Reliance Retail-backed Dunzo laid off about 3% of its employees last week, and the e-commerce platform for groceries and other essentials is also cutting costs elsewhere.
MohallaTech is wrapping up another round of layoffs in the coming weeks, likely to be larger than the previous layoff of around 100 employees in December, said people with knowledge of the discussions for the parent of social media platform and short video app ShareChat.
Cloud kitchen firm Rebel Foods, home to brands such as Behrouz Biryani and Oven Story, has also cut jobs.
“Any decision that affects people is tough and always our last option. We had to part with 3% of our team strength last week,” Kabeer Biswas, co-founder and CEO, Dunzo, said in a statement to ET.
While Biswas did not disclose the exact number of people who lost their jobs, people in the know said the company axed around 60-80 employees.
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The new layoffs at ShareChat’s Bengaluru-based parent company may be 200, but this number could change and be even higher as the official communication is yet to reach employees. “They (company management) are finalizing the details and will likely close it this month. Costs should be optimized in all possible ways. “Obviously, all startups are doing this with an awareness of what’s going on in the market,” said a person familiar with the matter about potential layoffs at the Twitter- and Snap-backed company.
ET reported on December 2 that MohallaTech has laid off about 5% of its employees due to the closure of its fantasy gaming vertical Jeet11.
The company, which raised $255 million in new funding last June and was valued at $5 billion, has also retooled its cloud deals to cut costs, as well as eliminating the daily meal stamps previously issued to its employees.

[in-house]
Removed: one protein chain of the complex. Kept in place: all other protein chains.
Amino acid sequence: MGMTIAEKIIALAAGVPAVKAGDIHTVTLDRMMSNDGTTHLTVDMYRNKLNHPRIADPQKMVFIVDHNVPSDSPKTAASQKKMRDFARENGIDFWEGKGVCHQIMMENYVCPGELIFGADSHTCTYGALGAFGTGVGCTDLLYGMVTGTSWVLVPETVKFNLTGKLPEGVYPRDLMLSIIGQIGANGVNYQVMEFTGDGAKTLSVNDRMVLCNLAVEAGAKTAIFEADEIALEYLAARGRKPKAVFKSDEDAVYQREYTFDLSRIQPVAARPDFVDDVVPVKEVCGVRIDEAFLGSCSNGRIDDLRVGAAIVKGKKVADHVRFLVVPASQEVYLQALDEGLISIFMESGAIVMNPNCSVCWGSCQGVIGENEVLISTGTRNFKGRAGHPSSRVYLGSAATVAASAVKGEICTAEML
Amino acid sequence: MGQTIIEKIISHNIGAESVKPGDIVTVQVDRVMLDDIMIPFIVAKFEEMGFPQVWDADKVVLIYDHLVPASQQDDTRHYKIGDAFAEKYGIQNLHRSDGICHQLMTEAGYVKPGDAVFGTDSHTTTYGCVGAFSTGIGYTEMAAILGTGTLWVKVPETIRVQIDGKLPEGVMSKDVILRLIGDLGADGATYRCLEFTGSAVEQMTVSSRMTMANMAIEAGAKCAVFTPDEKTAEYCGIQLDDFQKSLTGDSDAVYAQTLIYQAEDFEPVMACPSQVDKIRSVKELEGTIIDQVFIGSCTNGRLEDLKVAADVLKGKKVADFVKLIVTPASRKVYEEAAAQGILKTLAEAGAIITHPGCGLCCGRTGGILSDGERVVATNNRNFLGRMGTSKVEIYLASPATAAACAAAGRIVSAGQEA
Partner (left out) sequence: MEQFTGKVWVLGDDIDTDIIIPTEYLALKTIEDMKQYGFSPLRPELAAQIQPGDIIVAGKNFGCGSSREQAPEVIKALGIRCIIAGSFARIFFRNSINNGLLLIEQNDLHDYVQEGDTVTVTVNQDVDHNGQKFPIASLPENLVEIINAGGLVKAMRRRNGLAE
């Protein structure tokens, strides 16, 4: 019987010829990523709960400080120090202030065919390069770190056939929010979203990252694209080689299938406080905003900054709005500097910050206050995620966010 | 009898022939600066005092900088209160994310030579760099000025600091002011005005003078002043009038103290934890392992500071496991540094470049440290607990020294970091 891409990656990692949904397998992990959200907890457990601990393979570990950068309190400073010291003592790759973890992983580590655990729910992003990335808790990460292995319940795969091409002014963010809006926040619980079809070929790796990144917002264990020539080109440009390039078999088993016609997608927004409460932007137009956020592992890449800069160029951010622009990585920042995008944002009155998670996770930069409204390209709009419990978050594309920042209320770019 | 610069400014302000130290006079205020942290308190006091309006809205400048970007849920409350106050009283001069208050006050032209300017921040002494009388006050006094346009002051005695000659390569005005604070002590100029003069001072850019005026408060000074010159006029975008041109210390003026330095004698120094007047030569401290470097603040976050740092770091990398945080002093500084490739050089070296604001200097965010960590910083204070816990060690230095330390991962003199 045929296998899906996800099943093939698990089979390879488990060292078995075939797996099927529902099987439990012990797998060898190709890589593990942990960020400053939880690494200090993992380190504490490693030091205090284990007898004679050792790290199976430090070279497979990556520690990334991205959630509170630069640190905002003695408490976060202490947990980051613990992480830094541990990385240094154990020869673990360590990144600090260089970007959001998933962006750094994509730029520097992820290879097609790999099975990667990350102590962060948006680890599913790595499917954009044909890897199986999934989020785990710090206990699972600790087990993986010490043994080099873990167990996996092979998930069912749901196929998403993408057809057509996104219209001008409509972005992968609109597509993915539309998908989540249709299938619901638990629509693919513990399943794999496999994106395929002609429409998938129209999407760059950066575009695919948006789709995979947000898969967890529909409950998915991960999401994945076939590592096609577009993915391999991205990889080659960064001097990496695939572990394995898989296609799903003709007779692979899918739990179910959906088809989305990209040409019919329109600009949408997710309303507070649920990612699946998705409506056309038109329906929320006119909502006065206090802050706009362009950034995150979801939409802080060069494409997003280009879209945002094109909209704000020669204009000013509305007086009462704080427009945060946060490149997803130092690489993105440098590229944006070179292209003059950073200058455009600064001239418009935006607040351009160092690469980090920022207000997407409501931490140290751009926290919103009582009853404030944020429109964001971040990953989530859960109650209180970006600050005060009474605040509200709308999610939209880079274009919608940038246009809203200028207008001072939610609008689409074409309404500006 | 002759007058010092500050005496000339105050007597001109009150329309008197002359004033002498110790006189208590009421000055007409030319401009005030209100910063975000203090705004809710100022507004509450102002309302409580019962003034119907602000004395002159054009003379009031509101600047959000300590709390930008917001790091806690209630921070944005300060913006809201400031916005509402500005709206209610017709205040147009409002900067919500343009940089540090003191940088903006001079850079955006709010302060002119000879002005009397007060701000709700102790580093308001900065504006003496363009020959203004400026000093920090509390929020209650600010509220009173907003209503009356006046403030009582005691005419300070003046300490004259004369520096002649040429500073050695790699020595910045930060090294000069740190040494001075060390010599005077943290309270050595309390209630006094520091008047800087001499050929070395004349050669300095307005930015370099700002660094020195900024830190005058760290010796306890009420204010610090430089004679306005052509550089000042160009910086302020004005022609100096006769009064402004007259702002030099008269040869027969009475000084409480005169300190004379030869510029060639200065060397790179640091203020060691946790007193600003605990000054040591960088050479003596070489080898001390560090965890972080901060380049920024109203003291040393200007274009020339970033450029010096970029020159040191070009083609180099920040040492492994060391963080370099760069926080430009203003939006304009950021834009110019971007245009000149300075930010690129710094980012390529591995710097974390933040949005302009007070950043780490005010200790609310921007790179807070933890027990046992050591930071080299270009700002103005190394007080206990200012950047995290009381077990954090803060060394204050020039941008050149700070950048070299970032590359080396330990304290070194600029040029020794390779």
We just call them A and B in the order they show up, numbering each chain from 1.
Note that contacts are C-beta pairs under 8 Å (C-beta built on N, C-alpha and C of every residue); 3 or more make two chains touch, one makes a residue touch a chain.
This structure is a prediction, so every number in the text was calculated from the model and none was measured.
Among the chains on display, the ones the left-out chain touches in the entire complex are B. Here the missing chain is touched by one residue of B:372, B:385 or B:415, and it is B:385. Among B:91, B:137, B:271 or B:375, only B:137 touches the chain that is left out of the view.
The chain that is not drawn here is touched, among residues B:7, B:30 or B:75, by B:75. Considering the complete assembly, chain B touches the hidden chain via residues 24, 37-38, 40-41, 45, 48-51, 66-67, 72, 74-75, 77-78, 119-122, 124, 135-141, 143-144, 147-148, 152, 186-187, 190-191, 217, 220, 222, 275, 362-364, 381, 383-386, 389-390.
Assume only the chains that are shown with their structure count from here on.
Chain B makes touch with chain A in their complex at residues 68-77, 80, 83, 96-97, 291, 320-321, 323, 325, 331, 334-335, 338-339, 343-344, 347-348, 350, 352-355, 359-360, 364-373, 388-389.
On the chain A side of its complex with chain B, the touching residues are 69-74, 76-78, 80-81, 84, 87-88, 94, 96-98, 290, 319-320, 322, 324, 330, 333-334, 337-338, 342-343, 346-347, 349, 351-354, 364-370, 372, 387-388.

“Cloud storage and employees are the biggest cost centers and those are being reviewed, including company-issued food,” said a person familiar with the matter.
MohallaTech did not respond to ET’s email. to an email seeking comment.
Last year, edtech firm Unacademy cut most of the company’s employee benefits after layoffs.
A spokesperson for Mumbai-based Rebel Foods said the changes in employee strength are due to “an annual performance review and realignment of the organization” on its priorities for future goals.
“The number affected is less than 2% of our organization’s capacity,” the spokesperson added. ET was unable to ascertain the total number of employees affected.
Just two weeks into the new year, startups like Ola, Cashfree and Moglix have laid off employees. Amazon India informs its employees about 1,000 layoffs. ET had first reported Amazon India’s layoff plans in its November 16 edition.
Read also: ETtech Morning Dispatch layoffs spread across Dunzo, ShareChat, Rebel Foods and agritech.
Reductions. another round
The recent developments of ShareChat, Dunzo and Rebel are a continuation of what has happened in the so-called new economy over the past six to eight months. Industry insiders say that similar developments can be expected in other startups as well.